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Italian bonds sell off after EU warning on government's spending plans

Italian government bonds sold off Oct. 8 after the European Commission issued a warning to Italy's governing coalition over its budget plans for the next three years.

Valdis Dombrovskis, the commission's vice president for the euro and in charge of financial stability, and Pierre Moscovici, the commissioner for economic and financial affairs, said in an Oct. 5 letter to Italian Economy Minister Giovanni Tria that the Italian government's budgetary targets "point to a significant deviation" from fiscal recommendations adopted in July by the European Union's finance ministers.

Italy is targeting headline deficits of 2.4% of GDP in 2019, 2.1% in 2020 and 1.8% in 2021. The budget targets also correspond to a structural deterioration of 0.8% of Italy's GDP in 2019 and a stable structural balance in the next two years.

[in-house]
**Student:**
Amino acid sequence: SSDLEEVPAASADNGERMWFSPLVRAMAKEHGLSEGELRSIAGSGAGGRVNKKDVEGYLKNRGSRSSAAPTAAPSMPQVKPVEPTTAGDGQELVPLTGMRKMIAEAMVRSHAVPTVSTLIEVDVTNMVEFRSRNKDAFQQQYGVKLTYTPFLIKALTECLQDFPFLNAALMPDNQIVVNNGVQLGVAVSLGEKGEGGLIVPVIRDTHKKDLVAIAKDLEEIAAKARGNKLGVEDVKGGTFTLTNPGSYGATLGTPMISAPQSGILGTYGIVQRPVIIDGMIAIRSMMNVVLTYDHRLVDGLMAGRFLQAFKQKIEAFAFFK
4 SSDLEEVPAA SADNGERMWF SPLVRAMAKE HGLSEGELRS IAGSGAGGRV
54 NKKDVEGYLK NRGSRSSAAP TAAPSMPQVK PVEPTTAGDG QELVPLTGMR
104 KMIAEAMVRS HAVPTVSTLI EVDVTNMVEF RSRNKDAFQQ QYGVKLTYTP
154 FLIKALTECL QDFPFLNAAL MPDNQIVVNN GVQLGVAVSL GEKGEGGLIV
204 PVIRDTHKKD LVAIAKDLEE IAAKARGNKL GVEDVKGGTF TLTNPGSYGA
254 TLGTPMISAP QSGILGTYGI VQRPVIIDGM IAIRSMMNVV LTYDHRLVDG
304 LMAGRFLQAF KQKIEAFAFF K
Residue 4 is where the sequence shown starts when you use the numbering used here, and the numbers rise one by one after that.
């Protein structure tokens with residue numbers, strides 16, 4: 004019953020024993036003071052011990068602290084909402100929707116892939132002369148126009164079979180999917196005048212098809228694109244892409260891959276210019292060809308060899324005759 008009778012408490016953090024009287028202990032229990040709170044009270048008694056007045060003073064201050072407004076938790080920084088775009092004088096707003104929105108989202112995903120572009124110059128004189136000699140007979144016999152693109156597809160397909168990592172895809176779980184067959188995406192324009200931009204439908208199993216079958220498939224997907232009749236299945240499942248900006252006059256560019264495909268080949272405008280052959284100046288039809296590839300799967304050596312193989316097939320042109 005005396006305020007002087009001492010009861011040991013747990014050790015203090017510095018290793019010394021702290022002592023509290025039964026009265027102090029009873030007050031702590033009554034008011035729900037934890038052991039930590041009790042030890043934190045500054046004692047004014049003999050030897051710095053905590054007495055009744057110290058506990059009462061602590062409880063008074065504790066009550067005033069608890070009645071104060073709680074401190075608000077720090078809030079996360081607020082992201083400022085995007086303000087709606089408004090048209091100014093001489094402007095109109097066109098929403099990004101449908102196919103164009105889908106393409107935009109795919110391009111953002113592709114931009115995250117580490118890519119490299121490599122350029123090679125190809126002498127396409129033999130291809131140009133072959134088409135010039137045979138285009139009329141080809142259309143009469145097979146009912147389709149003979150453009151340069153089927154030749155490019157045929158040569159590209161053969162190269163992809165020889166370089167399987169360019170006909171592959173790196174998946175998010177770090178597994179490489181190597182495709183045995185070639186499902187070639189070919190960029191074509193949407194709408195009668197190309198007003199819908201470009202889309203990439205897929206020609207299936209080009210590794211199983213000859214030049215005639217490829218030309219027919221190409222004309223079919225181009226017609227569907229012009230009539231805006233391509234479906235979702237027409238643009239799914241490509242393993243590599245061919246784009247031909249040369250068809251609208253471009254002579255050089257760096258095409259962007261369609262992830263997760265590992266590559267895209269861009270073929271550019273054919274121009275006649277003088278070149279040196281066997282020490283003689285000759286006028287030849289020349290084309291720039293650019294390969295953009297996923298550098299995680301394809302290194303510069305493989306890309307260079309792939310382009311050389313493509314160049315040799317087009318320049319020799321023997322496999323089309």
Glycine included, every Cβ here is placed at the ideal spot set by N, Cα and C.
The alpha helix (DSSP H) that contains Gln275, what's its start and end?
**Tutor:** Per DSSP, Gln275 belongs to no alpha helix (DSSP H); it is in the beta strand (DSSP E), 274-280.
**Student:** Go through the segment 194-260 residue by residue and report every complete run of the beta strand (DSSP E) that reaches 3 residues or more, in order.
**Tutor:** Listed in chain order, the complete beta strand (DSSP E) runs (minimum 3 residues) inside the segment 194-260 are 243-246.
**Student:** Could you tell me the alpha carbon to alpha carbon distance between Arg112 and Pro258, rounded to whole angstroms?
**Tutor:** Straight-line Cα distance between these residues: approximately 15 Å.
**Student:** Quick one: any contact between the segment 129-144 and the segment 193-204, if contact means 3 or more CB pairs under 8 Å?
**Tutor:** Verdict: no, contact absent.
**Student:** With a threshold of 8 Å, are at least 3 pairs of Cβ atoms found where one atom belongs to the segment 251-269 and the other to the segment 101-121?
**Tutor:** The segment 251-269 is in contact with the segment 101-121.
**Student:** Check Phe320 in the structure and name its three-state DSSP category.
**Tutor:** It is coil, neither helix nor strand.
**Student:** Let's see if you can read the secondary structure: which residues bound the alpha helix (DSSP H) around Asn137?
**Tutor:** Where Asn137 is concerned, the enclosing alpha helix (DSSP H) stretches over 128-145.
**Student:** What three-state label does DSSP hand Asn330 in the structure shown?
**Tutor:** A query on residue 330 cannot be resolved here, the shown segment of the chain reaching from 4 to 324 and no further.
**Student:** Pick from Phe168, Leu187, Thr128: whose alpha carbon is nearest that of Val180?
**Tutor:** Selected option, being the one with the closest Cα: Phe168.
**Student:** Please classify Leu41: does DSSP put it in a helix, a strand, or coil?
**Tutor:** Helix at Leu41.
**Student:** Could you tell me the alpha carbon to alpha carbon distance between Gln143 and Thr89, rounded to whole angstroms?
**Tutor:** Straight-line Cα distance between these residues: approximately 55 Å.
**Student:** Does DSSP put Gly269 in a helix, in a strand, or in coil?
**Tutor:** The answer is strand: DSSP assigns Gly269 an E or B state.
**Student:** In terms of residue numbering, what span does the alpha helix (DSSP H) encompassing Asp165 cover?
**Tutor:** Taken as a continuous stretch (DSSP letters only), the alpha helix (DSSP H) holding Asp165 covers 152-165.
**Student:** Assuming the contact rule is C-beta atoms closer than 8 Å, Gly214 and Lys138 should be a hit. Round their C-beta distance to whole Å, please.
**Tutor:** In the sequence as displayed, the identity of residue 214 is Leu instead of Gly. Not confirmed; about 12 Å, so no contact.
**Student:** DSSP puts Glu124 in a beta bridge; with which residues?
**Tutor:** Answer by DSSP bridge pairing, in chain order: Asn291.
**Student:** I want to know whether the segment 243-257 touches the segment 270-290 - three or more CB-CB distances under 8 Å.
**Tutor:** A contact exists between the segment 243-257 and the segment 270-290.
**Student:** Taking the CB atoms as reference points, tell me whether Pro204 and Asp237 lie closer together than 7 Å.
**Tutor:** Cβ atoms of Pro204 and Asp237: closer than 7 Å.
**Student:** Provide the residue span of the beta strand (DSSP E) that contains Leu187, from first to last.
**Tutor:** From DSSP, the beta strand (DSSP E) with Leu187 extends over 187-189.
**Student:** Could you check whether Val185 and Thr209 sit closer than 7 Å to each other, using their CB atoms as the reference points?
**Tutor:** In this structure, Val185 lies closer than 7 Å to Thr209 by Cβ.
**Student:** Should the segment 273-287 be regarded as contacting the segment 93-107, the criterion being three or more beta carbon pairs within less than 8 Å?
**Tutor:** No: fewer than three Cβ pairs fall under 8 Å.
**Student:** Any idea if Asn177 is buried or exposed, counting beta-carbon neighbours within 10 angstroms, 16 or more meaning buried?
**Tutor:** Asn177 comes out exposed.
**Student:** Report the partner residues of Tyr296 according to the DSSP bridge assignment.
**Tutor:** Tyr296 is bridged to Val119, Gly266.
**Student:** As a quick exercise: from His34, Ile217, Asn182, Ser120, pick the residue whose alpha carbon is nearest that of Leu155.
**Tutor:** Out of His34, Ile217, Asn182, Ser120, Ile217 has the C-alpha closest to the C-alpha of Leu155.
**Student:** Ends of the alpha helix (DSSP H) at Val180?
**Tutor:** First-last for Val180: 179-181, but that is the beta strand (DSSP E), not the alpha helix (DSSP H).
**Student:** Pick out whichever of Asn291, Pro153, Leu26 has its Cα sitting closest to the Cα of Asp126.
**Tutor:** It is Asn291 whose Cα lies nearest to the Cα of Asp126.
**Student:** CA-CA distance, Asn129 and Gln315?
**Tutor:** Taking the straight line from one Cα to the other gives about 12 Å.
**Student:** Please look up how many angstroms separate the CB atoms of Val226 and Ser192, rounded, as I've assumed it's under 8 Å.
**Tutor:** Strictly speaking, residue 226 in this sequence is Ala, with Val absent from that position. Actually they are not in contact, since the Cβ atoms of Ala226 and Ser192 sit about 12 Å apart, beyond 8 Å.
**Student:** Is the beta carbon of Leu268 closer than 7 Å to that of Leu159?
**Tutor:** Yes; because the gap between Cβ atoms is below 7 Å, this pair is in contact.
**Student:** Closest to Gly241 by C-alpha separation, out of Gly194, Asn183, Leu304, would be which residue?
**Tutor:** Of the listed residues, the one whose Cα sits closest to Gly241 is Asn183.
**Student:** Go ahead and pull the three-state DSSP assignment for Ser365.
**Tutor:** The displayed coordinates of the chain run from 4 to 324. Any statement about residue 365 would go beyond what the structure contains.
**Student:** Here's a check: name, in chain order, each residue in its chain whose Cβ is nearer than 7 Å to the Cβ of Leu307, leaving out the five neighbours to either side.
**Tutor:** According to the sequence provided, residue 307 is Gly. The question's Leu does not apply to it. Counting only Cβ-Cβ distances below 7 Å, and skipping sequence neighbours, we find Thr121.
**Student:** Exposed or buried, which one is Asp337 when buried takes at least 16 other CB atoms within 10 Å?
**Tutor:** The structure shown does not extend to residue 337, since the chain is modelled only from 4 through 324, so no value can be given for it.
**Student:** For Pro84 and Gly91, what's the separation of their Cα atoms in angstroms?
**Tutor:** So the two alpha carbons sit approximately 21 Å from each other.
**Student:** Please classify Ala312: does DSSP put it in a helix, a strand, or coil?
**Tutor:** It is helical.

"This is therefore a source of serious concern," Dombrovskis and Moscovici said in the letter. The yield on 10-year Italian bonds rose nearly 20 basis points to 3.602% as of 10:57 a.m. Milan time, while the yield on two-year bonds was up 26 basis points to 1.589%.

The benchmark Italian FTSE MIB index also slipped 2.06% as of 10:39 a.m., with shares in UniCredit SpA down 3.27%, Intesa Sanpaolo SpA down 3.50% and Banco BPM SpA plunging 6.24%. Banca Monte dei Paschi di Siena SpA shares were down 4.76%.

Although Italy's proposed budget deficit of 2.4% of GDP for 2019 is below the EU's threshold of 3%, the country is required to reduce spending to cut its debt levels, currently the second-highest in the eurozone, behind Greece.